Why Hasn't Hollywood Rallied for Japan Relief?

The entertainment industry has rallied en masse following some of the world's most devastating recent tragedies, organizing relief efforts for survivors of 9/11, the 2004 tsunami in Indonesia, Hurricane Katrina, and last year's earthquake in Haiti. The latter crisis alone prompted -- mere days after the disaster -- a star-studded charity telethon spearheaded by George Clooney and Wyclef Jean and which raised $57 million for the stricken nation. So why, in the wake of last week's 9.0 magnitude Japan earthquake -- and its resulting tsunami and nuclear crisis -- have we heard so little from Hollywood this time around?

A week after the March 11 Tōhoku earthquake and tsunami claimed over 6,000 lives (over 10,000 people are still reported missing), destroyed entire cities and ravaged a nuclear power plant to meltdown, no concerted group relief effort has been made in Hollywood.

Instead, we've witnessed individual efforts varying from sympathy tweets to calls for donations via text message (which totaled $2.8 million by Wednesday, according to the American Red Cross) to personal contributions on the part of filmmakers, actors, musicians and corporations. Some celebrities got creative with their support: Lady Gaga began selling "We pray for Japan" bracelets soon after disaster struck, and has raised a reported $250,000 to date. Director Chris Weitz announced early in the week that he'd donate $1 for every Tweet he posted in the month of March -- and he's been Tweeting up a storm. Linkin Park's Mike Shinoda designed two charity T-shirts, one of which is emblazoned with the words, "Not alone." And even before Sandra Bullock stepped up yesterday to publicly announce a personal pledge of $1 million to the American Red Cross, Charlie Sheen promised that $1 of every ticket sold for his upcoming "Violent Torpedo of Truth" tour (which has sold out all of its dates, often in a matter of minutes) would go to the Japanese cause. A number of media corporations including Sony, Disney and Warner Bros. have pledged their support as well.

But in the general populace, as in Hollywood, there seems to be a hesitation to collectively jump to arms. Does America have relief fatigue?

Consider that in the wake of Haiti, dozens of celebrities announced significant personal contributions to charity, leading the cause by example. With her $1 million pledge to Red Cross, Bullock remains the lone major Hollywood figure publicly doing the same for Japan. Veteran publicist Michael Levine points to differing perceptions of Haiti and Japan on the scale of global power -- i.e., Japan isn't some poverty-stricken, underdeveloped country -- as an explanation as to why image-conscious celebrities haven't stepped up as urgently.

"I think celebrities, like all human beings to a larger degree, like feeling heroic," Levine said. "And there's a sense with third-world nations that you can be heroic. Japan is a very wealthy nation, so there's a feeling among some that money into Haiti or Africa is a different kind of poverty, a different kind of relief effort."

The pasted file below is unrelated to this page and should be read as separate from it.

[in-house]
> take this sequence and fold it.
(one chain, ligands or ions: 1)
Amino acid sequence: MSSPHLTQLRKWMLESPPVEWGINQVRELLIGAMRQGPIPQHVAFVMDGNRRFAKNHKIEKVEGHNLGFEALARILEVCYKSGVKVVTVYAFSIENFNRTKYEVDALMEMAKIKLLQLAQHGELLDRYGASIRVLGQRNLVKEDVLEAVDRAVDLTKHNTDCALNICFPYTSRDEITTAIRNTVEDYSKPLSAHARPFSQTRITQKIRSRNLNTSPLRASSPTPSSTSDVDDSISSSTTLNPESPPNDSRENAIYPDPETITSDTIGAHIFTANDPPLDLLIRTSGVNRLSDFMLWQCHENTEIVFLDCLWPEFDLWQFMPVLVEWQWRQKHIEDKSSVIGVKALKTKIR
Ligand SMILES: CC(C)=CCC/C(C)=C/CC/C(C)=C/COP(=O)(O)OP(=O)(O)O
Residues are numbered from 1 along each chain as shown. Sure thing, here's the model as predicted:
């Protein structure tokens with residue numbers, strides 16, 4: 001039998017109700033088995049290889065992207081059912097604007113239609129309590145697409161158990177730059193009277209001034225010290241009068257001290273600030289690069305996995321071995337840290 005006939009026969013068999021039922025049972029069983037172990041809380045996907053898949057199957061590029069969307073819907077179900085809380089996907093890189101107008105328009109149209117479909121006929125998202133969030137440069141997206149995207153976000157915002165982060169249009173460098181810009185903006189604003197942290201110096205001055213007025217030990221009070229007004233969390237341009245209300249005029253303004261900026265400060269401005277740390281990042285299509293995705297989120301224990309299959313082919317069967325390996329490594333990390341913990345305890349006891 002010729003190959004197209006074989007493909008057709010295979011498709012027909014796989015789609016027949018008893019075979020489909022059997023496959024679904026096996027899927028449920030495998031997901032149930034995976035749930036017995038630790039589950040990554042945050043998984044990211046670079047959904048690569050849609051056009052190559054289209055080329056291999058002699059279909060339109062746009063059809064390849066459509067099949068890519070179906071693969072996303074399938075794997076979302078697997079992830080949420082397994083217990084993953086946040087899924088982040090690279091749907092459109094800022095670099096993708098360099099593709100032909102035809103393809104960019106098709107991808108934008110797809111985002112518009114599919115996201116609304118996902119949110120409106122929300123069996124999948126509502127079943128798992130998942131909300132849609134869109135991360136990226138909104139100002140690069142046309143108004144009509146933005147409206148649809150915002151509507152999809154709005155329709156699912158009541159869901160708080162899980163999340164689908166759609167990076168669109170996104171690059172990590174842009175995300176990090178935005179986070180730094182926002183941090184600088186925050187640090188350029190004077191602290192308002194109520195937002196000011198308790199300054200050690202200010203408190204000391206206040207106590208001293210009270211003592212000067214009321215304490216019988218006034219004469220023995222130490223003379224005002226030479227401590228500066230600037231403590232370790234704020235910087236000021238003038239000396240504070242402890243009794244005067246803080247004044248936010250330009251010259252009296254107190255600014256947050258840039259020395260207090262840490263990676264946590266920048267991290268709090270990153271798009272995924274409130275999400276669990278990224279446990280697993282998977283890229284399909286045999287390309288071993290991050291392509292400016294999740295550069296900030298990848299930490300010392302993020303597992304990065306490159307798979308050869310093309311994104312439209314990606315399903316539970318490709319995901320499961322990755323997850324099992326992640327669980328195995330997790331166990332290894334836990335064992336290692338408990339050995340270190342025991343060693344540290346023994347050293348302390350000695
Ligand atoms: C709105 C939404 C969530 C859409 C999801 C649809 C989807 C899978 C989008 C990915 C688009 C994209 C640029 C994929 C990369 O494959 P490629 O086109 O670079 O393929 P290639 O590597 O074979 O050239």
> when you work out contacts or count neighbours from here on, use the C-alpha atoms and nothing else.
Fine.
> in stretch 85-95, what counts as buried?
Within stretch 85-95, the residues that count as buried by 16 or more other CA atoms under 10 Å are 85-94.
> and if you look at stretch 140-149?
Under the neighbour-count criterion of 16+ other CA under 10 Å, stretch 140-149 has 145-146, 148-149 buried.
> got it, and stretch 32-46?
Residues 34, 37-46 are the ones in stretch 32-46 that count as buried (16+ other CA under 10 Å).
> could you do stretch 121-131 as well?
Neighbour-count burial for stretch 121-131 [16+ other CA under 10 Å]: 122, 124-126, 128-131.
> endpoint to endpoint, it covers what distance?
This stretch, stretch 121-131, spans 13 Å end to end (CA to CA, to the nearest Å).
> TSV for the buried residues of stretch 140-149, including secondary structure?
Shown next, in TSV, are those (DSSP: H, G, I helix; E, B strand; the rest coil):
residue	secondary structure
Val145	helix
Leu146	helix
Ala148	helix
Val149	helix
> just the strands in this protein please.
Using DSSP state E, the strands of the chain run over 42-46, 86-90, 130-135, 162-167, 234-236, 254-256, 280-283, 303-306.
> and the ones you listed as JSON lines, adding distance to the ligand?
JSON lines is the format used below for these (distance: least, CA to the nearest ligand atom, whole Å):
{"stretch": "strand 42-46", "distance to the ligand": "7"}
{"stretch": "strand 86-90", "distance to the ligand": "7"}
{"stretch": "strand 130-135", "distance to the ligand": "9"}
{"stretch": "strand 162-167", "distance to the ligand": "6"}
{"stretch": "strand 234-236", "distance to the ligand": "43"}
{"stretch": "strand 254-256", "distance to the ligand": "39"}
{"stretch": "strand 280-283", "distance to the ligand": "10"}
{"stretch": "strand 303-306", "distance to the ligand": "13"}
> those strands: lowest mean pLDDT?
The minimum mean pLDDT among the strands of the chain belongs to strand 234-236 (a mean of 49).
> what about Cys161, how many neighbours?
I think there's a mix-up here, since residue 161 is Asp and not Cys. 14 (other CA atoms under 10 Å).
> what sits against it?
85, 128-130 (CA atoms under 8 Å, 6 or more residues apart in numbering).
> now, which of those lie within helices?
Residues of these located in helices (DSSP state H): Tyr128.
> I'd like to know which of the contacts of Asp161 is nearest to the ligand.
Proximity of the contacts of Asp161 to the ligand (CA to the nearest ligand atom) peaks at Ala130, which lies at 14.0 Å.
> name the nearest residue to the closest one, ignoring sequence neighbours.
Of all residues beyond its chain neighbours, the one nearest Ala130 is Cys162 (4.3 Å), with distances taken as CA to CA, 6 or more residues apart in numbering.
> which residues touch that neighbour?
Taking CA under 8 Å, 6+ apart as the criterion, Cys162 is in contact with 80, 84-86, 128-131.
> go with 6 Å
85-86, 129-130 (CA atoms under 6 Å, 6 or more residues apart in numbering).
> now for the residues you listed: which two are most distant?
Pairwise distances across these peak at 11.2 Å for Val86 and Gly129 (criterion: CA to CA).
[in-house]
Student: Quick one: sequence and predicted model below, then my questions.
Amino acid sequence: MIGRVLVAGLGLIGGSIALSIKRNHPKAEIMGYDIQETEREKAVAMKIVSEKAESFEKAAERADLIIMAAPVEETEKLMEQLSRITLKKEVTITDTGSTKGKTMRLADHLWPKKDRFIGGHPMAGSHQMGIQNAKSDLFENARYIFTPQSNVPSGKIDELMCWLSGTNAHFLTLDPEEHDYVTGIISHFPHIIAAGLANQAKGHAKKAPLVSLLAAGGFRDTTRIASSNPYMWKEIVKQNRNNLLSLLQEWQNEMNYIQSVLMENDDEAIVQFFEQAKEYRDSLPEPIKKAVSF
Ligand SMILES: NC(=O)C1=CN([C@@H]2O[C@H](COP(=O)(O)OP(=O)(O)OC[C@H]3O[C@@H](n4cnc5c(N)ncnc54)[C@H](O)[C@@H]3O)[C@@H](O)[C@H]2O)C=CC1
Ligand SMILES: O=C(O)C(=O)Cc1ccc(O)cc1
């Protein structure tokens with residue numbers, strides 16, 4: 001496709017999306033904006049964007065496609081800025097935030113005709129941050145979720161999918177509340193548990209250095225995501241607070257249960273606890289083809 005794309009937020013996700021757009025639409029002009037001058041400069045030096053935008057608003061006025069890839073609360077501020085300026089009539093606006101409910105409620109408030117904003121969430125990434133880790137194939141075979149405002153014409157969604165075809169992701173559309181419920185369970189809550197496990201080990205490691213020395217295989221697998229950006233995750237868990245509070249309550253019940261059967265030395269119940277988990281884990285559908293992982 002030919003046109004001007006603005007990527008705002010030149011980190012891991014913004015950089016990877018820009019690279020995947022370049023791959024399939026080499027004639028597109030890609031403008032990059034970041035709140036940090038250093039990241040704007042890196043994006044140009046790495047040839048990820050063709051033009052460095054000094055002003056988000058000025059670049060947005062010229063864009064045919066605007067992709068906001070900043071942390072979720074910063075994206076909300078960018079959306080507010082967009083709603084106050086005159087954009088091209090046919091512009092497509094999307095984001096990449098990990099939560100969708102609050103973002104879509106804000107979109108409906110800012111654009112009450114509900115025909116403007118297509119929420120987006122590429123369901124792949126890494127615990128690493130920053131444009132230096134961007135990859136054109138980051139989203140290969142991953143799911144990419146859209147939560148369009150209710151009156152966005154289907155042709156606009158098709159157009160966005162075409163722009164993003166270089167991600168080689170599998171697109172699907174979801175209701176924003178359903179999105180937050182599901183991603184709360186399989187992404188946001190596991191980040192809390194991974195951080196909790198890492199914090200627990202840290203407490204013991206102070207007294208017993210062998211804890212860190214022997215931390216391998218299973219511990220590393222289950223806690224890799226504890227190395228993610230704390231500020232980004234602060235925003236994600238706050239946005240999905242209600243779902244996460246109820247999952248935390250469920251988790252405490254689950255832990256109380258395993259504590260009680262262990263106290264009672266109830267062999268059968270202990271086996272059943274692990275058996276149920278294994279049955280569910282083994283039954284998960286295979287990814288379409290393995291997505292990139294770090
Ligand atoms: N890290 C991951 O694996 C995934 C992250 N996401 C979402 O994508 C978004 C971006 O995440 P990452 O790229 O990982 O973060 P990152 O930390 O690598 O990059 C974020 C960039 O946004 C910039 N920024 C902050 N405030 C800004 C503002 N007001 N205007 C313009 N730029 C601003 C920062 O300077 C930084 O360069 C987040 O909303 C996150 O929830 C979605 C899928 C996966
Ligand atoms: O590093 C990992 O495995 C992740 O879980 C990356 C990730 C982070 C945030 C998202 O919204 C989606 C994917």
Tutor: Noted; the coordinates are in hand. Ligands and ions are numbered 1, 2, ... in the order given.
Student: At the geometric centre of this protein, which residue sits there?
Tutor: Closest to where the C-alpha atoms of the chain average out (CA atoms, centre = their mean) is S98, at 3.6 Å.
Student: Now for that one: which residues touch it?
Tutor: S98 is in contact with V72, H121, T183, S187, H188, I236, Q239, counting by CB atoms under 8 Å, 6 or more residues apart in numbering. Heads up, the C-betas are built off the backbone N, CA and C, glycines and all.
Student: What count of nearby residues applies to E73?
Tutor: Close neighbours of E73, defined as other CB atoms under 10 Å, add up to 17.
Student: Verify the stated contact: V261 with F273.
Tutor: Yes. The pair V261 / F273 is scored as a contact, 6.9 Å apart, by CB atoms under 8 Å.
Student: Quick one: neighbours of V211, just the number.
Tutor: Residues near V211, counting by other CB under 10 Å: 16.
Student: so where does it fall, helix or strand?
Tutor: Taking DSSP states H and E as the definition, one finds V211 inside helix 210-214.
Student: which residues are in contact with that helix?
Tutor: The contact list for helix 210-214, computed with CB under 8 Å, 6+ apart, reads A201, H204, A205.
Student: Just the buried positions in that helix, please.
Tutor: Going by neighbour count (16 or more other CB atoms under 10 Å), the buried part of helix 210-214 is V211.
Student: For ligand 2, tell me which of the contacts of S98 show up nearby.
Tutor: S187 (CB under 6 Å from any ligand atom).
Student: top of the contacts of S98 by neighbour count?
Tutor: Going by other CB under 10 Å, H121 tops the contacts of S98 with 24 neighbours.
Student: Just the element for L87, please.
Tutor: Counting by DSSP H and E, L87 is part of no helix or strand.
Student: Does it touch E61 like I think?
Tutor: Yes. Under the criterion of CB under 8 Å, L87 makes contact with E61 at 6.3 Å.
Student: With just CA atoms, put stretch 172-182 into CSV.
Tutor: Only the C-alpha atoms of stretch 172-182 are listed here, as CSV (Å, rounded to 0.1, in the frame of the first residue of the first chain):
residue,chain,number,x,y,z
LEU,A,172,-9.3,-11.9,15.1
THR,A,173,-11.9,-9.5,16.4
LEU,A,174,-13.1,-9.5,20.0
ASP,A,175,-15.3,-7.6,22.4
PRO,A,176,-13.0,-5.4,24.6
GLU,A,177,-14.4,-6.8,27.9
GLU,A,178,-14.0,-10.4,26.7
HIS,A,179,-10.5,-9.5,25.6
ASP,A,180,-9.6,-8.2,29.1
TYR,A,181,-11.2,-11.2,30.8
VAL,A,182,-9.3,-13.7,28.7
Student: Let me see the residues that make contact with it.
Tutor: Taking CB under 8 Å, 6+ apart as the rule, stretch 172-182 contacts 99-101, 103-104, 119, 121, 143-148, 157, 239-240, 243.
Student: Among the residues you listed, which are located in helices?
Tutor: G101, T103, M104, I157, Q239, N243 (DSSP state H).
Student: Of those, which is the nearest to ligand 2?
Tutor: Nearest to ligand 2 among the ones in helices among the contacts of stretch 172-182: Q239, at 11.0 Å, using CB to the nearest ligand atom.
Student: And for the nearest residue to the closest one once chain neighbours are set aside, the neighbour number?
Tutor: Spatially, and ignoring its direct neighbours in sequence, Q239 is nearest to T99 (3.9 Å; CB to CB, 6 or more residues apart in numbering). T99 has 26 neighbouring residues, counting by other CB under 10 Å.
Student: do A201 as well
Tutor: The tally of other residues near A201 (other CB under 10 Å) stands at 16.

One internationally-known filmmaker, speaking on condition of anonymity, acknowledged to Movieline that Japan's superpower status was likely part of the problem, noting further that the best course of action in the ongoing crisis is still relatively unclear.

"The fact that the tragedy is still happening and not over yet, people don't know how to process it," he wrote via e-mail. "We all saw the images on TV and the number of people left stranded, but people are still waiting to see the Tokyo effect from the nuclear fallout." For some reason, he writes, "the urgency seems to be missing."

What differentiates Hollywood's reaction to the Japan crisis from Haiti in terms of organized efforts, he points out, is the lack of a central figure stepping up to lead the charge. "Usually there is a celebrity from the disaster area who really picks up the banner and rallies other celebrities and makes it a reality to us Americans, but who is that giant star [with ties to Japan]?"

It's perhaps the crucial question in all of this: Who is the Clooney/Wyclef of the Japan crisis? Despite commercial and cultural overlap between the United States and Japan -- a pop culture-hungry nation that every major American film star and musician has visited at some point -- the two countries don't have an apparent public figure in common with the personal investment to spur the Hollywood community into action. Add to that reports in publications like the New York Times advocating against immediate donations, and the fact that Japan has injected 37 trillion yen into the economy, which contribute to the perception that maybe Japan doesn't need a celebrity champion after all.

Still, Levine predicts that Bullock's bold move will spark a flurry of celebrity donations. "People lead, and celebrities are silently begging to be led," he said. "When somebody steps up like Sandra Bullock it has a big and significant impact on their own way of being. I think there will be many people in the movie industry that will come forward now that she's done it. I do believe she will make a difference."